Teaching Mental Health in Bungoma County

Teaching Mental Health in Bungoma County

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Planting the seeds in the minds of teenage girls

I co-founded Rainbow Room Foundation (RRF)  with my twin sister about ten years ago (we celebrated our 10th year in 2023). One of our school teachers gave us an assignment which involved interacting with some of our neighbours and friends and passing on some particular knowledge we had gained in school. I do not remember the details of the assignment, but I remember its impact on us. For this assignment, we decided to do it with our friends and neighbours, whom we would hang out and play with whenever we were in Bungoma. However, this year was different. When we looked for our friends to play with us, we were stunned to see that quite a number of them had become mothers, so they had different priorities and couldn’t play with us. We were shocked, we couldn’t understand it. We kept asking our parents how and why this could be because we were only 16. We had a hard time wrapping our young minds around this.

This situation initiated several conversations about how different our realities were. It awakened us to how many young people didn’t have access to some of the resources and information that we do. Privilege is a term and concept we already knew and understood, and we were well aware of the privileges we had. Still, this particular situation deepened our understanding. So we decided to create a Mentorship programme for teenage girls in Bungoma where we planned to collaborate with different professionals to equip them with knowledge that they may not have access to and, in doing so, empower them. Once they gain this knowledge, the teens are expected to pass it on to their peers during the school term, a process monitored and evaluated by RRF.

Now, I didn’t imagine that years later, I would be serving my community and giving back to our foundation in a different way. I am part of the team helping them create a new syllabus for the Teen Peer Mentorship programme, which will now include mental health. I am also facilitating the sessions for the teens on mental health. I felt immense gratitude as I facilitated the first set of sessions. Merging two of my greatest passions, mental health and empowering young girls, ignited a joy I cannot describe. 

So far, working on this syllabus has been quite a challenge. I have had imposter syndrome, I have been anxious, I have also been excited, and I have learned a lot and grown a lot! I enjoy understanding concepts in mental health and breaking them down to a level that anyone can understand, and that is what I have been doing while I work on this. In addition, I have also had to find examples that resonate with the girls, who are mostly from different villages in Bungoma County. I have also had to grasp how to explain many terms and concepts in Kiswahili. While I speak and understand Kiswahili, doing this work is pushing me to learn the language better because this is the language the young girls connect with best.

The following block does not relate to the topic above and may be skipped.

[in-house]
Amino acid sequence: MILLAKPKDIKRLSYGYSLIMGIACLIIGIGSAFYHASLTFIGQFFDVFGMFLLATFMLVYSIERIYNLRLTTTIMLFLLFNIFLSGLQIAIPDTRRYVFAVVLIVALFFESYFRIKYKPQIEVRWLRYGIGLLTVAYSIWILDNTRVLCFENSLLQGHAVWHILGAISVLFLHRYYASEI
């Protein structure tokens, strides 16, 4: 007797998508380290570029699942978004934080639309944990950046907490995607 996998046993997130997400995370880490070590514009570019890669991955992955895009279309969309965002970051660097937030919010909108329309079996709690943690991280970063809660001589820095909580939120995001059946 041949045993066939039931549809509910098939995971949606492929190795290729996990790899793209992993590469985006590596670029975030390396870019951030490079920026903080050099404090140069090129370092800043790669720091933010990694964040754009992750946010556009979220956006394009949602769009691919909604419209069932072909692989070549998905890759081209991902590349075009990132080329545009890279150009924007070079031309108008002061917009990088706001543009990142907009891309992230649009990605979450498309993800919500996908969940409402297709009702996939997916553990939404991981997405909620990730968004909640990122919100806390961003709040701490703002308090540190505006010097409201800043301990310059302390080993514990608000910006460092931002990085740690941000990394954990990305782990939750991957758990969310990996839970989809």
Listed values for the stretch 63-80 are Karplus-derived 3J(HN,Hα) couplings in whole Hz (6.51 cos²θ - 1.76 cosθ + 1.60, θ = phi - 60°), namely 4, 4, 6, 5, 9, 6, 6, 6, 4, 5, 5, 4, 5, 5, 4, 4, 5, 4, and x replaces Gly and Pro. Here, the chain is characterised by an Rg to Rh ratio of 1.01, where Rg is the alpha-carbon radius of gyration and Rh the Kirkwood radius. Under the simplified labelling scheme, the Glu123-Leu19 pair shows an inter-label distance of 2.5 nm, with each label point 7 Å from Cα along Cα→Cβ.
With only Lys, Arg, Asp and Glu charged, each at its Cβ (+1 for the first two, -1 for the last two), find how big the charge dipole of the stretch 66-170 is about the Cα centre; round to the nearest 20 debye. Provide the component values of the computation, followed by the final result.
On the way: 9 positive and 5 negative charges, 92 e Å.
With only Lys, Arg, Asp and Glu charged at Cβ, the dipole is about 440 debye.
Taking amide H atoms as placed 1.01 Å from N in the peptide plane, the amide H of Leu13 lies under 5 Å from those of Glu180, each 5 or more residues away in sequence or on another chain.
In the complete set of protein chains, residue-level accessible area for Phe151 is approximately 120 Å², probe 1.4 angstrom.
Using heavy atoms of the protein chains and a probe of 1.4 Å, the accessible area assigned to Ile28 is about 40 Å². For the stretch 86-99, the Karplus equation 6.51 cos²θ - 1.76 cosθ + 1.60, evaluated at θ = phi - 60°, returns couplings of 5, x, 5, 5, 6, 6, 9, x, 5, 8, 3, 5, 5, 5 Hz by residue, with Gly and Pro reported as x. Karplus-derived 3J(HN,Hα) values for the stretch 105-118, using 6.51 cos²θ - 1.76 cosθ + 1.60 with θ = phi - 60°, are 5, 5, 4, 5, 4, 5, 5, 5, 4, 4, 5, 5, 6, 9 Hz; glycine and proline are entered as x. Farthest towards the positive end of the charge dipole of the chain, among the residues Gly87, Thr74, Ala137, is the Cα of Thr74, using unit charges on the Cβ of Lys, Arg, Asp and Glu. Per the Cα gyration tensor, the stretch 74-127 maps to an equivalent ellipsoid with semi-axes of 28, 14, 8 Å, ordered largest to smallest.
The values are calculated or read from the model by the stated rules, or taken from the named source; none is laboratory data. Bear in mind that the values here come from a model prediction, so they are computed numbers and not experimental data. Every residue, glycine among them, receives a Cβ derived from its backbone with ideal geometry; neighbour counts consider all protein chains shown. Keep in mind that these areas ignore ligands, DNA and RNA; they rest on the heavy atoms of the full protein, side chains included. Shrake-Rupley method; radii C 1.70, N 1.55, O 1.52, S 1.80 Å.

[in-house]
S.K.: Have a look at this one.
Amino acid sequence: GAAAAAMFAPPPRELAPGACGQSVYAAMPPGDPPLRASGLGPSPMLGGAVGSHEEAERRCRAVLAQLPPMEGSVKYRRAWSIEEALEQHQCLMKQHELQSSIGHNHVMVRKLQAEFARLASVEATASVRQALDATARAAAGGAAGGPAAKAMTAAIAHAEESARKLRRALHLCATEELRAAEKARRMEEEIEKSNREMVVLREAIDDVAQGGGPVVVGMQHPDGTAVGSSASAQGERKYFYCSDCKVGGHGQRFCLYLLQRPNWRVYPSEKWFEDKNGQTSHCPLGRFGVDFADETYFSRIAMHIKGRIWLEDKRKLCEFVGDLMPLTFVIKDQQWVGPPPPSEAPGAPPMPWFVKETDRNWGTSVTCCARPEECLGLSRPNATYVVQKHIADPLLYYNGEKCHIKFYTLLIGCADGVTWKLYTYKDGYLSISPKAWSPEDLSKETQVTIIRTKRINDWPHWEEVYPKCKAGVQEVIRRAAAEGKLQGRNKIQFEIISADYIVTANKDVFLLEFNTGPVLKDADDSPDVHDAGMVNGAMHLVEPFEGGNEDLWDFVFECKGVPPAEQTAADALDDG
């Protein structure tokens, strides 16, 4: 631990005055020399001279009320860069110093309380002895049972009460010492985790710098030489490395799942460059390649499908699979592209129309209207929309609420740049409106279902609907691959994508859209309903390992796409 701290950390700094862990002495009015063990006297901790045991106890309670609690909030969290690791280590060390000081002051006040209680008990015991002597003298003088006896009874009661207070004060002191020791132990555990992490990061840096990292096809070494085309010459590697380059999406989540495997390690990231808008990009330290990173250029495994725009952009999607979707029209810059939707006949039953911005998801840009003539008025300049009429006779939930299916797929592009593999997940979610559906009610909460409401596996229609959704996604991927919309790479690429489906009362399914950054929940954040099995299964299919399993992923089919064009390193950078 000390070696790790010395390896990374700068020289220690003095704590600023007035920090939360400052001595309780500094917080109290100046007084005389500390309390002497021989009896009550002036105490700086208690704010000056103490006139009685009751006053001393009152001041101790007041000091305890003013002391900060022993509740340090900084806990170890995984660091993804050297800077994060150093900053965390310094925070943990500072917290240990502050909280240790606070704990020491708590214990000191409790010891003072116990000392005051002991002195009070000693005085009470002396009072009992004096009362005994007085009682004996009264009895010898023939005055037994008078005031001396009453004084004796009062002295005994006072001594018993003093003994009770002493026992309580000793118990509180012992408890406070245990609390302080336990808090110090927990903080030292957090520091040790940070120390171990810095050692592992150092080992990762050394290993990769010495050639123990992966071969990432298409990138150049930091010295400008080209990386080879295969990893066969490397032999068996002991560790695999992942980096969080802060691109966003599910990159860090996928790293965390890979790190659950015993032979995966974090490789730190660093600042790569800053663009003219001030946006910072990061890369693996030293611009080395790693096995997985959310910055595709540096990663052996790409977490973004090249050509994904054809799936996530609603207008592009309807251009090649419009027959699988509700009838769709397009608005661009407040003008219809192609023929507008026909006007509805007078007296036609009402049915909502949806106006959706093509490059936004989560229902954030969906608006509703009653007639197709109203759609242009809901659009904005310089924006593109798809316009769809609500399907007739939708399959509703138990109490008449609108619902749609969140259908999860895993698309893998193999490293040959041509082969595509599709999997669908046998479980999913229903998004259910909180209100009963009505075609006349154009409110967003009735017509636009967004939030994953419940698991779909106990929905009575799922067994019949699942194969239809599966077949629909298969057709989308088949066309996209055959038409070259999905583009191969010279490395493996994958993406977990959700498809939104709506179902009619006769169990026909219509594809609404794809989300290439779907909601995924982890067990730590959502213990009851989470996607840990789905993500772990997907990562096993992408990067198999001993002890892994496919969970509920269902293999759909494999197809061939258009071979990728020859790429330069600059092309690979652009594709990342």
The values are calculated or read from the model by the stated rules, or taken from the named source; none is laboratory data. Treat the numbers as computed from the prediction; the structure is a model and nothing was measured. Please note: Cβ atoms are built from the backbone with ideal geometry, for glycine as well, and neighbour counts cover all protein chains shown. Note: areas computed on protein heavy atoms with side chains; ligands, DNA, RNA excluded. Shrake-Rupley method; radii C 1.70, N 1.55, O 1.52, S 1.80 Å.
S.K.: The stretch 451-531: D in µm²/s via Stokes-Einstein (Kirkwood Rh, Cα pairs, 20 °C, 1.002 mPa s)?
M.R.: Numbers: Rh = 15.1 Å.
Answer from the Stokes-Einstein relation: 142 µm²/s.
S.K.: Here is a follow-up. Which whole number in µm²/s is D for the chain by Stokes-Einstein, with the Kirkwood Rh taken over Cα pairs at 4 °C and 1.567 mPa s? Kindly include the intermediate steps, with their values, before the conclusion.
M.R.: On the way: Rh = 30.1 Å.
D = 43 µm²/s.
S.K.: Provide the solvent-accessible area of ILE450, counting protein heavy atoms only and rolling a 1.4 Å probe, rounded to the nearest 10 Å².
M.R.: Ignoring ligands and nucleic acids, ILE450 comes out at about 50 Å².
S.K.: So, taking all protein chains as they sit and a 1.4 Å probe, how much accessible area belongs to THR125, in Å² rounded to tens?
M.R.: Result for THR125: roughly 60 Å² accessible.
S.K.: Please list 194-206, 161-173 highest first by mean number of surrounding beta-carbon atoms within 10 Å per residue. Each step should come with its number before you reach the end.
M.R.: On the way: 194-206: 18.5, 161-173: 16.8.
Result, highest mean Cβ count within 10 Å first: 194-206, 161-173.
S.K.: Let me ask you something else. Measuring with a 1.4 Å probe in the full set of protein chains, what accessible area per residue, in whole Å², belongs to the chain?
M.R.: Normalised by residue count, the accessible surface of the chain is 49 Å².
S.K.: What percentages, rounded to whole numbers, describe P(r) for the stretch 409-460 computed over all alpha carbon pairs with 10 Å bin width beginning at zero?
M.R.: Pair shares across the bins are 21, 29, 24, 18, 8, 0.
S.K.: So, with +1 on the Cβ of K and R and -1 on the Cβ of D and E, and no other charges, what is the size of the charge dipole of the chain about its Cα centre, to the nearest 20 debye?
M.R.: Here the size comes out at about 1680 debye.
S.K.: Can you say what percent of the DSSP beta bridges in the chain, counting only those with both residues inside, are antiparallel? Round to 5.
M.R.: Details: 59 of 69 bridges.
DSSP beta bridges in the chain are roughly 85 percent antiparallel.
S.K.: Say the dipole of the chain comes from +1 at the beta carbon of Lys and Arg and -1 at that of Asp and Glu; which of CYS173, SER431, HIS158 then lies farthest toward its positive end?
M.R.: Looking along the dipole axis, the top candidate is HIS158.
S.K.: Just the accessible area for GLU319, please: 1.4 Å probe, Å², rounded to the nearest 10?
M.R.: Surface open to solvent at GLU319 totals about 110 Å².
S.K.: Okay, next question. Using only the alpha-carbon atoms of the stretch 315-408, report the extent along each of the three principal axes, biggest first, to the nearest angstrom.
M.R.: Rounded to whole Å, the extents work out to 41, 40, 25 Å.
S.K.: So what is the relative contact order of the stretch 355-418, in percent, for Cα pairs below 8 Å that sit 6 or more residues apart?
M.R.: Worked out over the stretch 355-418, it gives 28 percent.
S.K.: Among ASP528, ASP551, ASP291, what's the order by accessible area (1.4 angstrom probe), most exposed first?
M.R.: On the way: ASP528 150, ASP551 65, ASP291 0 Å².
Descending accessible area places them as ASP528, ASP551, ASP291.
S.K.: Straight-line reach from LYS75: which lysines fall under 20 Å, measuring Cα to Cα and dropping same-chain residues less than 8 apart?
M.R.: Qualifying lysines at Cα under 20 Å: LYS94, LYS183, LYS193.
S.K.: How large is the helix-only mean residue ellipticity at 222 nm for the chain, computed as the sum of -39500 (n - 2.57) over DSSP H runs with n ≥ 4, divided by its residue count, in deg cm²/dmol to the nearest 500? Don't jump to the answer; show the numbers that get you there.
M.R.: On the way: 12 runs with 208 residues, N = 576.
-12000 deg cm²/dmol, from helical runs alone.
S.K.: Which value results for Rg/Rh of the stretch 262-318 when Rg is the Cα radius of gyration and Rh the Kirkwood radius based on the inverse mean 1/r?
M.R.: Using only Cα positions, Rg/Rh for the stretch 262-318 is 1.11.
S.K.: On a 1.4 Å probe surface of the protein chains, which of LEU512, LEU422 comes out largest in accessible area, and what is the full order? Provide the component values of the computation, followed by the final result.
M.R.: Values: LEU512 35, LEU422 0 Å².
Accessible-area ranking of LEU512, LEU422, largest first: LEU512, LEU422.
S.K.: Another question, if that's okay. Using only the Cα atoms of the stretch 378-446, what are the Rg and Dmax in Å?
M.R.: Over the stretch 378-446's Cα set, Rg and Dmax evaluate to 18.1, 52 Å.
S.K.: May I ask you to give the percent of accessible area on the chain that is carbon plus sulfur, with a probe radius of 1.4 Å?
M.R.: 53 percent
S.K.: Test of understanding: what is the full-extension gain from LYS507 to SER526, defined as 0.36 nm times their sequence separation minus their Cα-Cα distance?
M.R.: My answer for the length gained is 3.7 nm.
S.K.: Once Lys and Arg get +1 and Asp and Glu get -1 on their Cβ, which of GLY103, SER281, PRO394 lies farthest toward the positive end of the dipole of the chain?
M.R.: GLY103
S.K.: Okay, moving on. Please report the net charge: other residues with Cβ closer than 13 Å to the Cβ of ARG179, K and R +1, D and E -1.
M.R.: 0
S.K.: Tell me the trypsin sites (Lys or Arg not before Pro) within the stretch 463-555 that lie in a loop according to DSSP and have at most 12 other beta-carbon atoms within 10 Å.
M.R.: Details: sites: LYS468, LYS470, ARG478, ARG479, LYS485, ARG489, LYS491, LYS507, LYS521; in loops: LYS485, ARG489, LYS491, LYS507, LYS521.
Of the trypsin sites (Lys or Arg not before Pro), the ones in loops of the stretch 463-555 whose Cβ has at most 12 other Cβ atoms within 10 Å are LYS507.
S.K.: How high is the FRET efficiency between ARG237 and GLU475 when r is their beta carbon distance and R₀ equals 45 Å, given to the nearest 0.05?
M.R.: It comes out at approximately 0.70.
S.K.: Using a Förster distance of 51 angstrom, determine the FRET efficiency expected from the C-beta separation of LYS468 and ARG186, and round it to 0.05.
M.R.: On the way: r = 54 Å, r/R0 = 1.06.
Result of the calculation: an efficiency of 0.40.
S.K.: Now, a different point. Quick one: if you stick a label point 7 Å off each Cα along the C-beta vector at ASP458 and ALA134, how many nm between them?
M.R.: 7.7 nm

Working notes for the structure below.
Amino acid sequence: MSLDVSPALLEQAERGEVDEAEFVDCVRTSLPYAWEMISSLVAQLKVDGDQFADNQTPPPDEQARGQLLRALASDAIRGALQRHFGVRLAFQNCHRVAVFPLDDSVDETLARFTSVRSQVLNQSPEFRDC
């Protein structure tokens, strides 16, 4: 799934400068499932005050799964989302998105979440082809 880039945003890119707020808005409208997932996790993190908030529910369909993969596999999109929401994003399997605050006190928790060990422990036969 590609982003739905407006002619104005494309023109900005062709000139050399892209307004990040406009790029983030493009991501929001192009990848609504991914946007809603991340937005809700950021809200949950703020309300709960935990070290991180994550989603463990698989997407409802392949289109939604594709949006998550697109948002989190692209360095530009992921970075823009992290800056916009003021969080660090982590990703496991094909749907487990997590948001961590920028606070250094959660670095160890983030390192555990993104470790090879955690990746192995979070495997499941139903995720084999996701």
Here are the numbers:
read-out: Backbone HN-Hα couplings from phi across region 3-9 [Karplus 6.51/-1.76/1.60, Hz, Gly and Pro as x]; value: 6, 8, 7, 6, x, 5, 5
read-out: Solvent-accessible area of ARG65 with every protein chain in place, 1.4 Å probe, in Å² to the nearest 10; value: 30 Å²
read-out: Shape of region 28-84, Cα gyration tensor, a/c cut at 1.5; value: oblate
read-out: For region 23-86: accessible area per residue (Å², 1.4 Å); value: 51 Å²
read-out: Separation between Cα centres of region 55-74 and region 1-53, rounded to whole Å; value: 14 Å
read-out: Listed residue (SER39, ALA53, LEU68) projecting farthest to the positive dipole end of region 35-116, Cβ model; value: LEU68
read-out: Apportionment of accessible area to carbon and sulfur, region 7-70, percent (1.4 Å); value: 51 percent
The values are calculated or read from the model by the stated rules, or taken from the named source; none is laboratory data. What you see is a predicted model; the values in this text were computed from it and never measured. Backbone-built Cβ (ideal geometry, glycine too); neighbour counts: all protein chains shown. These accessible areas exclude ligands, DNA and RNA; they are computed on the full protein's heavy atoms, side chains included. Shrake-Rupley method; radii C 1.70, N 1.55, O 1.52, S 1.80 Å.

So far, I have seen that the participating teens already have some knowledge about mental health. Still, there is a lot of misinformation and stigma. It was a great experience seeing them absorb the knowledge, ask questions and learn. There were about 40 girls, who I split into smaller groups to help me have more intimate contact with them during the sessions. Doing this helped a lot as I interacted with each group and helped them understand certain questions for their group work, explain concepts better, answer their questions and connect with them. Making sure that they understand and really absorb what I am teaching helps them have the confidence to share the knowledge with their peers. 

This year, I actively committed to having  more educational in-person sessions with young people on mental health, so this opportunity is very timely, and I am immensely grateful! I have facilitated a number of sessions before to pre-teens and to college students however, it has been a while since I had such in-person sessions. It feels great to be doing this again!

Our mission at The Artistic Psychologist is ‘To end the stigma surrounding mental health one conversation at a time, one action at a time.’ By doing this work and planting these seeds in these young minds, we continue to contribute a little more to our mission and slowly making our way to a world free from mental health stigma.